by Prof Mthuli Ncube
As this year takes off at Wits Business School, we are excited to have the opportunity to host the Massachusetts Institute of Technology Global Startup Workshop (MIT GSW) in Cape Town. This is a first for WBS and a first for the continent. It also takes us that much further in our mission to “Sculpt Global Leaders in Africa”.
The MIT GSW – held this year on March 25 to 27 in conjunction with Wits Business School’s Centre for Entrepreneurship -- is considered the world’s top conference on fostering entrepreneurship through supportive and catalytic infrastructure. Its aim is to help budding entrepreneurs make a success of their businesses and provide them with a support network that will cushion them as they get their business up and running. Not only will we be helping those who can afford to participate but, with the help of Vodacom Business, the workshop’s technology sponsor, we will be reaching out to poorer communities in Limpopo, the Western Cape and other regions.
While the actual conference will be hosted at Cape Town’s Pavilion Conference Centre, various regional municipalities have been encouraged to set up satellite centres in their community halls with a television to transmit the conference activities. Vodacom Business will be the interactive component, enabling participants to send questions via text message directly to the conference coordinator.
This event – held every year in a different country - is organised by MIT students in conjunction with staff and students at the host school. The type of infrastructure that it fosters is apparently epitomized by MIT’s entrepreneurial ecosystem, which is a strong support network for entrepreneurs starting their own businesses.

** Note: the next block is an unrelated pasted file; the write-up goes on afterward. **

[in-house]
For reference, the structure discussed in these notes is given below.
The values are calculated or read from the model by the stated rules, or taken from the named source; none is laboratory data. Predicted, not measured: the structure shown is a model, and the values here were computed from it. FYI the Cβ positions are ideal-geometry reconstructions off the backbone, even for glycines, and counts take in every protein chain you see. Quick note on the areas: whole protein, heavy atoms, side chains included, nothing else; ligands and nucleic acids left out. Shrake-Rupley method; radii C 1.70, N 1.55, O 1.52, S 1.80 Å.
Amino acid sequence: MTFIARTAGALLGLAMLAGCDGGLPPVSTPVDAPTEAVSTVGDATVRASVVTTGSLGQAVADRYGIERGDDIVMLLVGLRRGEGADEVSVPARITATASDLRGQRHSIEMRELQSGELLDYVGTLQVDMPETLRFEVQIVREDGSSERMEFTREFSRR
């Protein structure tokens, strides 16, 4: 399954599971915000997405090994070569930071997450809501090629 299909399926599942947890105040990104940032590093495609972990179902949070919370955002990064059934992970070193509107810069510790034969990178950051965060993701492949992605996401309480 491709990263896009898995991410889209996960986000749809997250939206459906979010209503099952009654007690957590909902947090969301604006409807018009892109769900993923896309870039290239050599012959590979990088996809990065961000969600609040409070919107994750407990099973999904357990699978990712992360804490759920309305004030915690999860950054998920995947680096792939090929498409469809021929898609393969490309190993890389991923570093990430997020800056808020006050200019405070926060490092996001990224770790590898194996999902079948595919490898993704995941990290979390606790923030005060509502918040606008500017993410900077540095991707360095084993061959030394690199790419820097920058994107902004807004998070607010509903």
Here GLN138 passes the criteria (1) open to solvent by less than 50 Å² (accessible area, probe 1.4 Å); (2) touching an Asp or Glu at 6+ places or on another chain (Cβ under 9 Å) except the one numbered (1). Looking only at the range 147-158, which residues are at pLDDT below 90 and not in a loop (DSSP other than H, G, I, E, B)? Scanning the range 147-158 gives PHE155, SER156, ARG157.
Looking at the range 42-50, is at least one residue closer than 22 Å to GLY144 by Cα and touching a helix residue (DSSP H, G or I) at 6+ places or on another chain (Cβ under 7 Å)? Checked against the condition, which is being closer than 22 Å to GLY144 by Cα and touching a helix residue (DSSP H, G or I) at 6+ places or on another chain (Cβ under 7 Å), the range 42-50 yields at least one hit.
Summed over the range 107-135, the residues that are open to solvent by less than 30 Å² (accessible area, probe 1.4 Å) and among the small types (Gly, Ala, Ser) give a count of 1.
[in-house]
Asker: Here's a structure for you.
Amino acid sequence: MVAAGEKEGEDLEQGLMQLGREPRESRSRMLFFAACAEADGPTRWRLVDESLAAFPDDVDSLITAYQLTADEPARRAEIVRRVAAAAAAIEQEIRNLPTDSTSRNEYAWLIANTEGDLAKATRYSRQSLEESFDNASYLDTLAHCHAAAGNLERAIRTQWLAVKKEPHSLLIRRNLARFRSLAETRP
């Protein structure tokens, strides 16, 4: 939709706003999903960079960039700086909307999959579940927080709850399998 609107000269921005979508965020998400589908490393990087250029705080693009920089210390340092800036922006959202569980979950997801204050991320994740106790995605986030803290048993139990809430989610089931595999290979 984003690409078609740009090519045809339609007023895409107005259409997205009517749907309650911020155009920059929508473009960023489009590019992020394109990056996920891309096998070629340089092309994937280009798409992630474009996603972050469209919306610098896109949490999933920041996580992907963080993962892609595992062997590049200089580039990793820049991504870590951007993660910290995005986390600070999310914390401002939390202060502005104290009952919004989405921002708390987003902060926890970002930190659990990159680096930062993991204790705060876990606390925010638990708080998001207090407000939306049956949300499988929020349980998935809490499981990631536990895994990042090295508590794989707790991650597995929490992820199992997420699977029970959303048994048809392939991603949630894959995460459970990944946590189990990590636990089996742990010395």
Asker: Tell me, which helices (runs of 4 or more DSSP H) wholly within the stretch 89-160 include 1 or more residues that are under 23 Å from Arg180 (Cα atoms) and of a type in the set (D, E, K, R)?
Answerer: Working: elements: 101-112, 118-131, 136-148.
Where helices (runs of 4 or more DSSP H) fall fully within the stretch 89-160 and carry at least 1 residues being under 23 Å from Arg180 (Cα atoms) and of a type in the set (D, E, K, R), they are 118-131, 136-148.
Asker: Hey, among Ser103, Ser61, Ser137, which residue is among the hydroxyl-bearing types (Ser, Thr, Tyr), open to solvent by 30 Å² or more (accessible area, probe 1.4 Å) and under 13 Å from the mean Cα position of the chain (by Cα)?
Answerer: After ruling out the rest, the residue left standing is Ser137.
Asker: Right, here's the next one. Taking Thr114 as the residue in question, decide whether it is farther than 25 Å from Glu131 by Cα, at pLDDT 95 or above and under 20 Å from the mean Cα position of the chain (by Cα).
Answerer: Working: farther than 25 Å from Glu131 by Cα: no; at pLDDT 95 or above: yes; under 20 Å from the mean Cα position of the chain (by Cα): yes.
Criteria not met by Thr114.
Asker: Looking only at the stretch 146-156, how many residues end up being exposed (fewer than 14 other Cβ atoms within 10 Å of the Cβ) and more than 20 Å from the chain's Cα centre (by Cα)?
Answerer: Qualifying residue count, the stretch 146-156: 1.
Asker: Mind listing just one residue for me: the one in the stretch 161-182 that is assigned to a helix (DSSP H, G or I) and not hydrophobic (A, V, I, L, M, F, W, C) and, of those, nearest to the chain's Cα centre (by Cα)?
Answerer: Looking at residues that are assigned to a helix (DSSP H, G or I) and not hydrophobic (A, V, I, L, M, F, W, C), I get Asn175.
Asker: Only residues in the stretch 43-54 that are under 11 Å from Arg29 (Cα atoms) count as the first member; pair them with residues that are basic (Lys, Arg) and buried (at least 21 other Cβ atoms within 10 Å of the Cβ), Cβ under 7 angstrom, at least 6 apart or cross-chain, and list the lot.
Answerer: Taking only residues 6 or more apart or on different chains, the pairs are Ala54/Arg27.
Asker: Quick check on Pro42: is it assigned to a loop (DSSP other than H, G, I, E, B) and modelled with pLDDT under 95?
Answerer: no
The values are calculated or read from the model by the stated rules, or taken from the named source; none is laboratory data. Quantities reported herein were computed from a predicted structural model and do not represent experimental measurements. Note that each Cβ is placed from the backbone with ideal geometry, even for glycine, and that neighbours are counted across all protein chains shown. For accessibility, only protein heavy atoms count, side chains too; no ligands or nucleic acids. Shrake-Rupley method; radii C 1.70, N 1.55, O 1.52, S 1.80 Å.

After the conference, we are hoping to take this model and emulate this ecosystem for our own budding entrepreneurs in South Africa and on this continent.
Among the speakers are likes of Jonathan Ortmans, the president of the international Public Forum Institute. He oversees the Policy Dialogue on Entrepreneurs, an initiative to advance public understanding of the relationship between innovation and entrepreneurship and the economy and human welfare. There are a number of very impressive CEOs and business people among the speakers and panelists.
Back on our campus, we welcome a few brilliant minds to WBS to help us improve on the products we offer.
Firstly, we have a new Marketing and Communications Director, Manola Sanchez Aragu. Manola, an MBA graduate, brings with her over 20 years of strategic marketing experience, particularly in the field of tertiary education.
We welcome Dr Kerryn Myres, the new director of the Centre for Entrepreneurship (CfE). She established the Richard Branson School of Entrepreneurship at Cida City Campus and was the founder and CEO of Resonance, a research-based consultancy which specialises in the design and evaluation of entrepreneurial development programmes.
Professor Boris Urban has taken up the Lamberti Chair Foundation in Entrepreneurship. Prof Urban was one of the first people in South Africa to have completed a PhD specialising in entrepreneurial studies from the University of Pretoria, where he was awarded the SASOL prize for best PhD student.
We welcome back senior finance lecturer Max Mackenzie. Finally, we welcome our new senior lecturer Dr Wendy Ngoma and two new case study writers, Amanda Bowen and Alison Gaylard.
May they – and all our new students -- have much success at WBS.
Professor Mthuli Ncube